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Font formats: What is the difference between OTF and TTF? + I have a YouTube channel!

If you have ever downloaded a new font to install on your computer, you have probably come across these two different formats: TTF and OTF. If you opened both files, you probably didn’t notice any differences. So, what’s the deal with these two font formats and which one should you choose? First, let’s see some details about each one:

 

TTF (TrueType Font)

This format was developed by Apple and Microsoft in the early 1980s. They needed a format that could be recognized by both operating systems as well as printers and this was the result. It includes both the screen and printer data in a single file. It is still the most popular of the two.

 

OTF (OpenType Font)

OTF is the evolution of TTF. It was created by Adobe and Microsoft and released in 1994. It also includes the screen and printer data in a single file and compatibility of use is similar to that of the TTF. The collaboration with Adobe brought in the possibility of using a different mathematical model to define the characters as in Adobe’s Type 1 format.

 

What are the differences between TTF and OTF?

The main difference is OTF includes a greater extension of the characters set, allowing for up to 65,000 characters. This gives designers the ability to include multiple extra elements such as ligatures, glyphs, alternate characters, etc. This feature is especially useful if you plan to use the font in different languages, as all the special characters can be included.

The second difference is related to that different mathematical model used in the OTF format. If you are a designer, you will have more freedom when manipulating an OTF than a TTF font.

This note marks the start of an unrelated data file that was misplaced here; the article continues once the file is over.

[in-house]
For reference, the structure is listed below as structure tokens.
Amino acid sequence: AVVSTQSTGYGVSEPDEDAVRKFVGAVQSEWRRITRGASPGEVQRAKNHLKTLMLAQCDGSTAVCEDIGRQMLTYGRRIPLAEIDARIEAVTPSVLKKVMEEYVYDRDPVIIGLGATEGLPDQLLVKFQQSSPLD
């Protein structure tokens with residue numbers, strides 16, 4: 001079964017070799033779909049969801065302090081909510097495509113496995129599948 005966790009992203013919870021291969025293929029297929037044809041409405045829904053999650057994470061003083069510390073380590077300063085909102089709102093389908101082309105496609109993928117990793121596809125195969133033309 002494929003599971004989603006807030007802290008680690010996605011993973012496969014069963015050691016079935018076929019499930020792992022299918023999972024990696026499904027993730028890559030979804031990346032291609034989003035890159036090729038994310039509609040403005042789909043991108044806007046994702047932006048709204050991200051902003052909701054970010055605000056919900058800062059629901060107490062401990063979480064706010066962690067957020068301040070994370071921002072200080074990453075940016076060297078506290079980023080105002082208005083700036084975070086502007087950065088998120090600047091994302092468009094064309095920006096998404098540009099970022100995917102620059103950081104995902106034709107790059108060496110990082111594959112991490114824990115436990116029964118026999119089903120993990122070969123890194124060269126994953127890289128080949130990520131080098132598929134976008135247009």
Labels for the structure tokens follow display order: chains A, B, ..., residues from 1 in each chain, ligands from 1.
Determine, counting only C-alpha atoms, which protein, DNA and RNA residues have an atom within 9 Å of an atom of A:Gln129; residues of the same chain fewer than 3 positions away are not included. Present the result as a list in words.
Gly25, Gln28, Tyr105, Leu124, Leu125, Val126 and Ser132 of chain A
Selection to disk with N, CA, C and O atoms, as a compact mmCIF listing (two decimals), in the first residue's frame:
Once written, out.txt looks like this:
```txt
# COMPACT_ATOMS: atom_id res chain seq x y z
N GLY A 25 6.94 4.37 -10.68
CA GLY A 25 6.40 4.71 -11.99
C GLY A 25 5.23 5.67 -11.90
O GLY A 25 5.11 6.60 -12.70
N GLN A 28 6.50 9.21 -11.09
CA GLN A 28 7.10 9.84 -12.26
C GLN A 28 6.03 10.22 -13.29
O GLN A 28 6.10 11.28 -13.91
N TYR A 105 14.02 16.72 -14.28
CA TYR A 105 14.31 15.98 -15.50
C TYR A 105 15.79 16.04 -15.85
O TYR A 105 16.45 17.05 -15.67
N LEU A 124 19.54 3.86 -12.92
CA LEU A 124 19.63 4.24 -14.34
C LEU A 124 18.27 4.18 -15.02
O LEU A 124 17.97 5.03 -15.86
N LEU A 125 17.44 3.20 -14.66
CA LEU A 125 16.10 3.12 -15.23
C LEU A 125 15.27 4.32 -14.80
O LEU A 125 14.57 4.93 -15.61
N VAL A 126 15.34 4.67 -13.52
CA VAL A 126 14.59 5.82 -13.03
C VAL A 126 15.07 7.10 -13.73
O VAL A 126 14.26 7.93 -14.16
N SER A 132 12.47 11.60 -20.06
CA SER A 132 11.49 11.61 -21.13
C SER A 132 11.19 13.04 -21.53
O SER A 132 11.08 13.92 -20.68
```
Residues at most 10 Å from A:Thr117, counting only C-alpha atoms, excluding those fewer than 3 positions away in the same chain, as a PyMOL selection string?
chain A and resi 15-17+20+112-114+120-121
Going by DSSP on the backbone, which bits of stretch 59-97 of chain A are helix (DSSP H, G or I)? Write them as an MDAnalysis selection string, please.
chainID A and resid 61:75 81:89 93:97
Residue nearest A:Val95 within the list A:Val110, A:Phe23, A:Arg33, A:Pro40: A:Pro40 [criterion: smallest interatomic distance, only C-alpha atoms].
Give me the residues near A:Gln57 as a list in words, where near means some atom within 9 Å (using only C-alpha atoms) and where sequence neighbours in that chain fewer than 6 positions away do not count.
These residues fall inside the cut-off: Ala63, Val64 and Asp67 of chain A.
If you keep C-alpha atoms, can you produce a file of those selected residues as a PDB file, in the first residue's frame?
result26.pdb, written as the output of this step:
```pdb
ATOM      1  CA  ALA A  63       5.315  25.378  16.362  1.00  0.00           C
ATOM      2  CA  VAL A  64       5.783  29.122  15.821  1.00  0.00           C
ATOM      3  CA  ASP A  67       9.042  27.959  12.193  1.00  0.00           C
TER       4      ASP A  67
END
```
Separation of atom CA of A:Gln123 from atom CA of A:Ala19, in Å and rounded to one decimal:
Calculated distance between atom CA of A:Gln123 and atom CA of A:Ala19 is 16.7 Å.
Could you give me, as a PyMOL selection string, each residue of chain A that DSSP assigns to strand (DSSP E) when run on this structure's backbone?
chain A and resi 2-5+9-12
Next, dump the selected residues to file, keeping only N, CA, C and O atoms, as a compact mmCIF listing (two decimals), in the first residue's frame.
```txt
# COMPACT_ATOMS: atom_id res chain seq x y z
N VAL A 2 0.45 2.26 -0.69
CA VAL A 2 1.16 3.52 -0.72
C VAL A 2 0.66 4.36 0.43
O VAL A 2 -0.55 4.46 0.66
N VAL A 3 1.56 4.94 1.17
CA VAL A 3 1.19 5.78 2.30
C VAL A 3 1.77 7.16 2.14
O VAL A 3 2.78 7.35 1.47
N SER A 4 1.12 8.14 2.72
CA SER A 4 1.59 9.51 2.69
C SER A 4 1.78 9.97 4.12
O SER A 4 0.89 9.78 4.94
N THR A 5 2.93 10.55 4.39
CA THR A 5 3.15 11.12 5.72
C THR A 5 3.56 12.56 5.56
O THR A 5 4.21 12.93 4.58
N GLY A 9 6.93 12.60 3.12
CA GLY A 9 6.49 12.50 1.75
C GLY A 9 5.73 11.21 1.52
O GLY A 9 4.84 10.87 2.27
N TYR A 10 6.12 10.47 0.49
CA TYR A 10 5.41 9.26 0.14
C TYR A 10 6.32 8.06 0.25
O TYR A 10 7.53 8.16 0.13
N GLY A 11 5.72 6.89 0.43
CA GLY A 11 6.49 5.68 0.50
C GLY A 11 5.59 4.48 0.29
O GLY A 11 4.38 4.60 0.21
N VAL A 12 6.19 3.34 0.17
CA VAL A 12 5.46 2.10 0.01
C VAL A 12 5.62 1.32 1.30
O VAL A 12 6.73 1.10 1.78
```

Although this may not be that important, OTF files are normally less heavy than TTF files.

 

So, what format should I use?

If you are a designer or a typesetter, you definitely want to pick OTF over TTF because of the extended features and added freedom it offers.

If that’s not the case, choosing one or the other is not going to make a huge difference in terms of usability and printing. Both formats are compatible with today’s software and systems. However, if you are planning to use a particular font to write on a language other than English, you may benefit from using OTF as it probably includes special characters that you will need. Just for that reason, I would always recommend installing OTF fonts on your computer.

 

I hope you found this useful! Don’t forget to share if you did and feel free to ask any questions in the comments.

 

On a side note: I’ve just opened a YouTube channel! It is focused on my illustration work and I will be uploading process videos, studio vlogs and other behind the scenes content. Feel free to take a look and subscribe if you are interested :)

 

 

Cris Castro Moral

Hi! My name is Cristina and I am a freelance graphic designer. I blog about small businesses, marketing, social media and design under all its forms.

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